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Northumberland farmers to meet and talk about challenges

THIS year's first Northumberland Monitor Farm meeting will focus on how farmers can benefit from working together to increase productivity.

THIS year’s first Northumberland Monitor Farm meeting will focus on how farmers can benefit from working together to increase productivity.

The meeting, which takes place next Monday at Morpeth Rugby Club, will also consider the widely-discussed CAP reform.

The aim of the Monitor Farm project is to improve efficiency and productivity and share successes – and failures – with farmers in Northumberland and beyond.

All Monitor Farm meetings are open to every farmer in the region and are designed to be both practical and relevant. The meeting is at 6.30pm for a 7pm start and steak sandwiches will be served during the evening.

Last year, the first meeting of the year followed a mild winter.

By contrast, those attending this meeting can expect to hear from Monitor farmer Simon Bainbridge, about how the farm and his stock has fared in the second wettest summer on record followed by a cold snap of heavy snow and then a quick thaw.

“We have had many challenges this winter,” he said.

“Our silage crop was poor due to the weather and, as a result, we have had to review our feeding budgets.

“We start scanning next week and this will give us an idea as to what to expect in terms of lambing.”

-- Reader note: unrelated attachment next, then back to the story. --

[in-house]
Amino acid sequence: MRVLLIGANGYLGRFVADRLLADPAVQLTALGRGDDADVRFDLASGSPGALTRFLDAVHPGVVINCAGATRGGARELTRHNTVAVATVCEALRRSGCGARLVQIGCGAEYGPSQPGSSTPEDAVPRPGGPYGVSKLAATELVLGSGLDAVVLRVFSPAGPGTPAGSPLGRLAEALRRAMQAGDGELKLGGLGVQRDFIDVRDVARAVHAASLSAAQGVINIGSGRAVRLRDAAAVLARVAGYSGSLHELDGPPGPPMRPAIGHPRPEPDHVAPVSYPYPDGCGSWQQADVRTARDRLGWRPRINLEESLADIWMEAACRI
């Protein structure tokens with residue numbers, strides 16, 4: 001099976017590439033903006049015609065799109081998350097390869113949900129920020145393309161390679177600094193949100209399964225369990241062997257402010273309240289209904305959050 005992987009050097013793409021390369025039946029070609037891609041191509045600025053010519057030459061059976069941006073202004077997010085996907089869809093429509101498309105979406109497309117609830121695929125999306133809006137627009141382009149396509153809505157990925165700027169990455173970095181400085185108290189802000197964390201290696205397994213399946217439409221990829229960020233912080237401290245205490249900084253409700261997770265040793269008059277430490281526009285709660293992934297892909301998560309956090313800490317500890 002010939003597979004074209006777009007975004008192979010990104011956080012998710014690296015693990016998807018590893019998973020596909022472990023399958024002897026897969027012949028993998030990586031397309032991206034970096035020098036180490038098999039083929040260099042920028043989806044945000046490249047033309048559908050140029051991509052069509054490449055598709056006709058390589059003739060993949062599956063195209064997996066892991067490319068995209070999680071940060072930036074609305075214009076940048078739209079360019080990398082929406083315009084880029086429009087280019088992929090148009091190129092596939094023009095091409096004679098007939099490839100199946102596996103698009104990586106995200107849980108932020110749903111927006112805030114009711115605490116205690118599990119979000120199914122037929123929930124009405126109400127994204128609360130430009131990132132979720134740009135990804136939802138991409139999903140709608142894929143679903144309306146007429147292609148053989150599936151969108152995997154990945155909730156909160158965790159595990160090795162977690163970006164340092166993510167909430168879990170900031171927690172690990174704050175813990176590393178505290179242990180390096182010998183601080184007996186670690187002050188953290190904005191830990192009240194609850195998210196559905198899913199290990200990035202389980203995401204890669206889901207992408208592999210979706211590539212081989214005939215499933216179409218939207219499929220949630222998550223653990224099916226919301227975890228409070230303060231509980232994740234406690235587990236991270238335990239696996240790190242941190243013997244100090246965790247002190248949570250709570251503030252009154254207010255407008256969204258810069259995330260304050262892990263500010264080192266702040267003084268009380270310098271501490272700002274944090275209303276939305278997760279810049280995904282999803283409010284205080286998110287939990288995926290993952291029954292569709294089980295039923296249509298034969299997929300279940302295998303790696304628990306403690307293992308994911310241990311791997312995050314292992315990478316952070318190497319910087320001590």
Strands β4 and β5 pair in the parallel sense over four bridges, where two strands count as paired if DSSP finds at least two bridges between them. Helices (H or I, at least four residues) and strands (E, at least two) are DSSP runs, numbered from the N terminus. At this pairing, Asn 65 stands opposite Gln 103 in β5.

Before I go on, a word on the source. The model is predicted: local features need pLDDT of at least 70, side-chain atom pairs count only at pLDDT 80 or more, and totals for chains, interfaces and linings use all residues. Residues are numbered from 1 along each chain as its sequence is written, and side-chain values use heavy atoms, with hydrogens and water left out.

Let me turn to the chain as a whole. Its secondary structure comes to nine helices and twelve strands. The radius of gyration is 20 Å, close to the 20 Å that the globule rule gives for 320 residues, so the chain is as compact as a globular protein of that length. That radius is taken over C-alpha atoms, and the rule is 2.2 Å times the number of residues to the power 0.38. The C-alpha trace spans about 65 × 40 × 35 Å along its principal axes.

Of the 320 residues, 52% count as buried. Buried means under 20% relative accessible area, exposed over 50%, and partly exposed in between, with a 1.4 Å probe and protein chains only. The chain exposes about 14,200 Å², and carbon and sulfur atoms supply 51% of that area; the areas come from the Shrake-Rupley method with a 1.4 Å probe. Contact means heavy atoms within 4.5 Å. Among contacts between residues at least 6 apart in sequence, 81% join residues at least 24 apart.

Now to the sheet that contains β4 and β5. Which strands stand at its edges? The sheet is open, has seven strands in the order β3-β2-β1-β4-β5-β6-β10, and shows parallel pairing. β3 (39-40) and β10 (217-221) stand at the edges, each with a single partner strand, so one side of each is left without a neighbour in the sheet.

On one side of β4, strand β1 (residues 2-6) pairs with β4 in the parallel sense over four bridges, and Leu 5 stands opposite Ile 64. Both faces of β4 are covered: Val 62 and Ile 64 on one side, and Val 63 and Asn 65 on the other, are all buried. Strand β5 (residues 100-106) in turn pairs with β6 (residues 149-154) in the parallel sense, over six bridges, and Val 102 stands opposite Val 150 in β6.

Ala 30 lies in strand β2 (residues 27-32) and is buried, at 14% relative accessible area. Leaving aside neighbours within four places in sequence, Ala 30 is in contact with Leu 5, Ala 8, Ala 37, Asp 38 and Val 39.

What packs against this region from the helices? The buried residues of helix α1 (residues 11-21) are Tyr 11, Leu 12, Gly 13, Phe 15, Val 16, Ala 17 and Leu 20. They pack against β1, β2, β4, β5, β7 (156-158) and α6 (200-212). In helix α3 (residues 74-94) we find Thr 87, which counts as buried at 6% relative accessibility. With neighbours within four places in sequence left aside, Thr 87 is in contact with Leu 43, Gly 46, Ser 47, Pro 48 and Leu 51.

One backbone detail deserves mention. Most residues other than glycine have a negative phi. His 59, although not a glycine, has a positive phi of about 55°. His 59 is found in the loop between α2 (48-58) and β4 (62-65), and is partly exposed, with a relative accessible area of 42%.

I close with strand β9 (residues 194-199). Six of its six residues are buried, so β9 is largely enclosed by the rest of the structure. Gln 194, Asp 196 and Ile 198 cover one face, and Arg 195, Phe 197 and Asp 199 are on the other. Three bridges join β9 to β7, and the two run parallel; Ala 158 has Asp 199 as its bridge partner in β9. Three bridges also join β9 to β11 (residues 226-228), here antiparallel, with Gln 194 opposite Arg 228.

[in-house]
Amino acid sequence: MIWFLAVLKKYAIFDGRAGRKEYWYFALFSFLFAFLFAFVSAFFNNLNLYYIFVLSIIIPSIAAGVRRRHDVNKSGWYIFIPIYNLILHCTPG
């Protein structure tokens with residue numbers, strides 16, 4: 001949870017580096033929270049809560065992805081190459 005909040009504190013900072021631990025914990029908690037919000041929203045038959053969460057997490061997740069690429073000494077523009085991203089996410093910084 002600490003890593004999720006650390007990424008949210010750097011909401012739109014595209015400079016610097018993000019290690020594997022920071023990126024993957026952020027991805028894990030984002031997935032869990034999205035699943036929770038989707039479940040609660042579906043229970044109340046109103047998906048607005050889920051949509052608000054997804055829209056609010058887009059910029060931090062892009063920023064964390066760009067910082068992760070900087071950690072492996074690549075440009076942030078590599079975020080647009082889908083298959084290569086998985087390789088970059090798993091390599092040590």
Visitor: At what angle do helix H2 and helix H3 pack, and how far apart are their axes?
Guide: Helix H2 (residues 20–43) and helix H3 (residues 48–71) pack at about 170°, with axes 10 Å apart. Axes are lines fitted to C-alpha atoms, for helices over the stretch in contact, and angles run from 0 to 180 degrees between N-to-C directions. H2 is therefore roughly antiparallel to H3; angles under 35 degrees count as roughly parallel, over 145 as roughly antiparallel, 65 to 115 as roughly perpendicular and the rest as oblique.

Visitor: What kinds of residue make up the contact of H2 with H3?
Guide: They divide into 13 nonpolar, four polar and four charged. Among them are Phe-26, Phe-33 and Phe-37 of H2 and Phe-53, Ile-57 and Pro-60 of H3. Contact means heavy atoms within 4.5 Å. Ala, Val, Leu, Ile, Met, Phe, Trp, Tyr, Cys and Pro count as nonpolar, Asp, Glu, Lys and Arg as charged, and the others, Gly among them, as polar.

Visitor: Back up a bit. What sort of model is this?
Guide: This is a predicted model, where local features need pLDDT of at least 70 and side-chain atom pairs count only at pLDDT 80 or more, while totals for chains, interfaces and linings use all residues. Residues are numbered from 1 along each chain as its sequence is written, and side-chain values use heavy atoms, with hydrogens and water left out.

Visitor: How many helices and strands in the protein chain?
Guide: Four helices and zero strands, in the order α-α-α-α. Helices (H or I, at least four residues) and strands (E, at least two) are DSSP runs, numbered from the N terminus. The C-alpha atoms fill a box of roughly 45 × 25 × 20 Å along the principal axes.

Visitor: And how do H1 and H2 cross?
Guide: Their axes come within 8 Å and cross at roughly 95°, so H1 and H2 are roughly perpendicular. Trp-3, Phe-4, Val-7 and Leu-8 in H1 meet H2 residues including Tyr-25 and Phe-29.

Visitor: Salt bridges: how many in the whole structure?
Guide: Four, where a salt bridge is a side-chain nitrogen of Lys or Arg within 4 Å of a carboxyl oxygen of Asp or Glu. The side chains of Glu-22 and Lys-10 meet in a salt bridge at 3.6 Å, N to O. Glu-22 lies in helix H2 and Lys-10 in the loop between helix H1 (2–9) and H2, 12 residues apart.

Stocking levels at Donkin Rigg are around 1,400 ewes and 140 cows. Calving will start in the middle of March, followed by lambing in mid-April.

At the start of the project in 2010, Simon bought new breeding bulls and the farm is seeing the fruition of this breeding policy.

This spring the farm will have an extra 40 to 50 cattle to sell and, as Simon says, this welcome bonus goes some way to offsetting the extra costs of winter feed and the reduction in lamb prices.

However it’s not just the weather that is unpredictable, farming policies and payments are also set to go through a number of changes in the next few years.

Current reforms, designed to make European farming more competitive, look set to focus on those actively farming land rather than on production-based measures such as headage.

However in the interim period between the present and future scheme, there is still considerable confusion as to eligibility for the scheme.

 

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